Every year, fellow blogger Sheila at Book Journey put out a prompt for bloggers and bookish people to share their first book of the year. I didn’t get around to sharing my first reads in Sheila’s post, but I did want to write about them here because there were both books that made me think a lot (some good thoughts, and some bad!).
Future Home of the Living God by Louise Erdrich
The world as we know it is ending. Evolution has reversed itself, affecting every living creature on earth. Twenty-six-year-old Cedar Hawk Songmaker, adopted daughter of a pair of big-hearted, open-minded Minneapolis liberals, is as disturbed and uncertain as the rest of America around her. But for Cedar, this change is profound and deeply personal. She is four months pregnant. Though she wants to tell the adoptive parents who raised her from infancy, Cedar first feels compelled to find her birth mother, Mary Potts, an Ojibwe living on the reservation, to understand both her and her baby’s origins.
Louise Erdrich is one of my favorite writers, and I love books on dystopian worlds, so I had high expectations for my first fiction book, Future Home of the Living God. I was hoping it would be somewhere between The Handmaid’s Tale and The Round House, bringing together elements of feminist dystopia and the particular challenges facing modern Native American communities. While the things I’ve loved in Erdrich’s other books – a page-turning plot and beautiful writing – were still there, I felt like the novel struggled to find a point of view and bring together the strands of the story in a satisfying way.
For the most part I enjoyed Cedar as a narrator, but I didn’t find a 26-year-old girls musings on Catholic theology to be very interesting… and there are kind of a lot of them in the book. An early section of the book where Cedar goes to visit her birth mother in order to find out more about the genetic issues her baby might have felt rushed and incomplete. I also felt like Erdrich didn’t settle on how to handle the dystopian elements of the story. In parts it felt like things were explained too much, and in other parts too little, and so in the end it just didn’t work very well. I’m disappointed that a book I was hoping would be excellent ended up being just fine… but I suppose things can only go up from here!
Big Magic by Elizabeth Gilbert
Readers of all ages and walks of life have drawn inspiration and empowerment from Elizabeth Gilbert’s books for years. Now this beloved author digs deep into her own generative process to share her wisdom and unique perspective about creativity. With profound empathy and radiant generosity, she offers potent insights into the mysterious nature of inspiration. She asks us to embrace our curiosity and let go of needless suffering. She shows us how to tackle what we most love, and how to face down what we most fear. She discusses the attitudes, approaches, and habits we need in order to live our most creative lives. Balancing between soulful spirituality and cheerful pragmatism, Gilbert encourages us to uncover the “strange jewels” that are hidden within each of us.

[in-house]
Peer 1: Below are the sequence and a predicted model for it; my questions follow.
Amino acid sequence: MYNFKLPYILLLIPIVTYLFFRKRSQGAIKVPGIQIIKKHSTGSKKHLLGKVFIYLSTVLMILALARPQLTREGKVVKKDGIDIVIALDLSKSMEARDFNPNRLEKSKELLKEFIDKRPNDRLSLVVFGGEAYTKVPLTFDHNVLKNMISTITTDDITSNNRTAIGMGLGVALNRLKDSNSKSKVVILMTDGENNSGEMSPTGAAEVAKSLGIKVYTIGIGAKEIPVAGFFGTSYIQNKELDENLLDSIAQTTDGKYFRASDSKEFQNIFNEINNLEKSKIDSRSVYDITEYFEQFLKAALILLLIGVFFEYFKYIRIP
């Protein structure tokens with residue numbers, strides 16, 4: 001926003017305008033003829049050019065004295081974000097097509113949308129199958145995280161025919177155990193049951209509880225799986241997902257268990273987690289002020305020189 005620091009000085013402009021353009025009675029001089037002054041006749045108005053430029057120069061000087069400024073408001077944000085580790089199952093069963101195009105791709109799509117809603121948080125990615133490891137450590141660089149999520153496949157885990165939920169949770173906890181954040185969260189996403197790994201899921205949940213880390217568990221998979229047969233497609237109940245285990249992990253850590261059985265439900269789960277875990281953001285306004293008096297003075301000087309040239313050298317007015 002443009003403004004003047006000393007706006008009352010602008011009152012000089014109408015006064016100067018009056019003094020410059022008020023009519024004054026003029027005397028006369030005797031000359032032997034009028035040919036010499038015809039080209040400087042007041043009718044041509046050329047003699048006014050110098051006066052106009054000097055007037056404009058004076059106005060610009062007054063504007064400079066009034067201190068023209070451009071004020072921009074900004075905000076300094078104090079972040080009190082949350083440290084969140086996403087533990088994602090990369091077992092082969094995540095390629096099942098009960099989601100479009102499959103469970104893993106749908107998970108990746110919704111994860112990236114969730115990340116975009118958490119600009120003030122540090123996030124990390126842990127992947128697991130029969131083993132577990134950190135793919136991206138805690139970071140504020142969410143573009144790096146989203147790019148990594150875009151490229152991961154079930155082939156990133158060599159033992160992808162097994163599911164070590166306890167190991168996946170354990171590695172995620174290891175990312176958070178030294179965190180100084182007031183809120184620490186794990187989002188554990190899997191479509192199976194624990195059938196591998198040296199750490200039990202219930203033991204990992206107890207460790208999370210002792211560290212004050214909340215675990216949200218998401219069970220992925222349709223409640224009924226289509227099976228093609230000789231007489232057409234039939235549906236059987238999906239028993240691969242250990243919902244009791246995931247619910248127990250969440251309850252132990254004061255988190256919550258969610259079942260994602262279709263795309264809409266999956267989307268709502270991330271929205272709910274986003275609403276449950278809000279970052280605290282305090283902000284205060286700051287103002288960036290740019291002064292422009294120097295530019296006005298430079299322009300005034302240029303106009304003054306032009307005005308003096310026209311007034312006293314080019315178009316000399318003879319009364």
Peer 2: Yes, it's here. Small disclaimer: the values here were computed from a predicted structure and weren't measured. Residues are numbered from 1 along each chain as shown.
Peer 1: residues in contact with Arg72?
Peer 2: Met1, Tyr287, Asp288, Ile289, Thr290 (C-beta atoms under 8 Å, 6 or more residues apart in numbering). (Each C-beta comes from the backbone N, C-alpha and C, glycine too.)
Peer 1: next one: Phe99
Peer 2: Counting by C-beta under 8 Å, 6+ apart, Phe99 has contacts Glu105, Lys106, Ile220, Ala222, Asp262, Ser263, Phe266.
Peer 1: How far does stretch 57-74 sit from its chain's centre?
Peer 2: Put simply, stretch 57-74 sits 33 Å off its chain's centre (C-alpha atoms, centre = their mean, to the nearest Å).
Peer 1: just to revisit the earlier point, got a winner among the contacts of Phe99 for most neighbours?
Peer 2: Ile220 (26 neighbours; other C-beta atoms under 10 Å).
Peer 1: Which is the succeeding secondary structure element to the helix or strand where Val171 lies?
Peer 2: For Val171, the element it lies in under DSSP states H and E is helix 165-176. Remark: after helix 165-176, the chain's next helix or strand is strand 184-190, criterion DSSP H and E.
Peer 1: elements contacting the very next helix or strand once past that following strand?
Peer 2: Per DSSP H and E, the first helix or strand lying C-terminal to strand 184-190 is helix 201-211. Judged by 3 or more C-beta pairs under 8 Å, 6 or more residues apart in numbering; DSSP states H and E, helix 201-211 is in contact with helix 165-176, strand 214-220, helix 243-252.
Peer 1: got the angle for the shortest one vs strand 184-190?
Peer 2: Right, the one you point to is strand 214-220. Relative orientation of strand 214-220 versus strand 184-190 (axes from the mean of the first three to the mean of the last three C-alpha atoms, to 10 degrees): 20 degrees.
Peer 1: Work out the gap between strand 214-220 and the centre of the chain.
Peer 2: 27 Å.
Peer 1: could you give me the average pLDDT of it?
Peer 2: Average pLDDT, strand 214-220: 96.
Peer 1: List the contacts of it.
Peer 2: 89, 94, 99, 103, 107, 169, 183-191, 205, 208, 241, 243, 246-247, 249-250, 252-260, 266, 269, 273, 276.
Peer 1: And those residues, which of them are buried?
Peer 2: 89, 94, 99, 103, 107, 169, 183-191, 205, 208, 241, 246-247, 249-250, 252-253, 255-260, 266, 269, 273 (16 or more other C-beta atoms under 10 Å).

My first nonfiction book of the year was Big Magic by Elizabeth Gilbert, a book about the challenges and joys of pursuing a creative life. This book called to me because of where I’m at in my own life – trying to return to blogging, a creative pursuit that I love, and just starting out with watercolor painting, a creative pursuit that is completely and utterly new. I want creativity, exploration, and play to be a big part of 2018, so this book felt like it would give me the pep talk I need to get started.
Initially, I was worried the book was going to be a little bit too squishy for me. Gilbert writes about creativity and inspiration as these sort of divine interventions of the universe, which just felt a little silly. But as I got into the book, I started to appreciate that behind the belief in inspired creativity, Gilbert has a lot of specific advice about cultivating diligent and joyful work habits that foster the space needed to be creative in any pursuit. She writes about fear and courage and permission and freedom in ways that I hadn’t thought about before, and challenges a lot of the ideas people have about what it means to make creative pursuit part of your life. I loved it.
After finishing those two books I felt a little bit adrift. Right now I’m reading a couple of new January releases — The Immortalists by Chloe Benjamin (fiction) and The Milk Lady of Bangalore by Shoba Narayan (nonfiction). I’m not far in either, but so far so good!
What books are on your plate for January? What book did you choose for your first book of the year? Any special significance to that choice?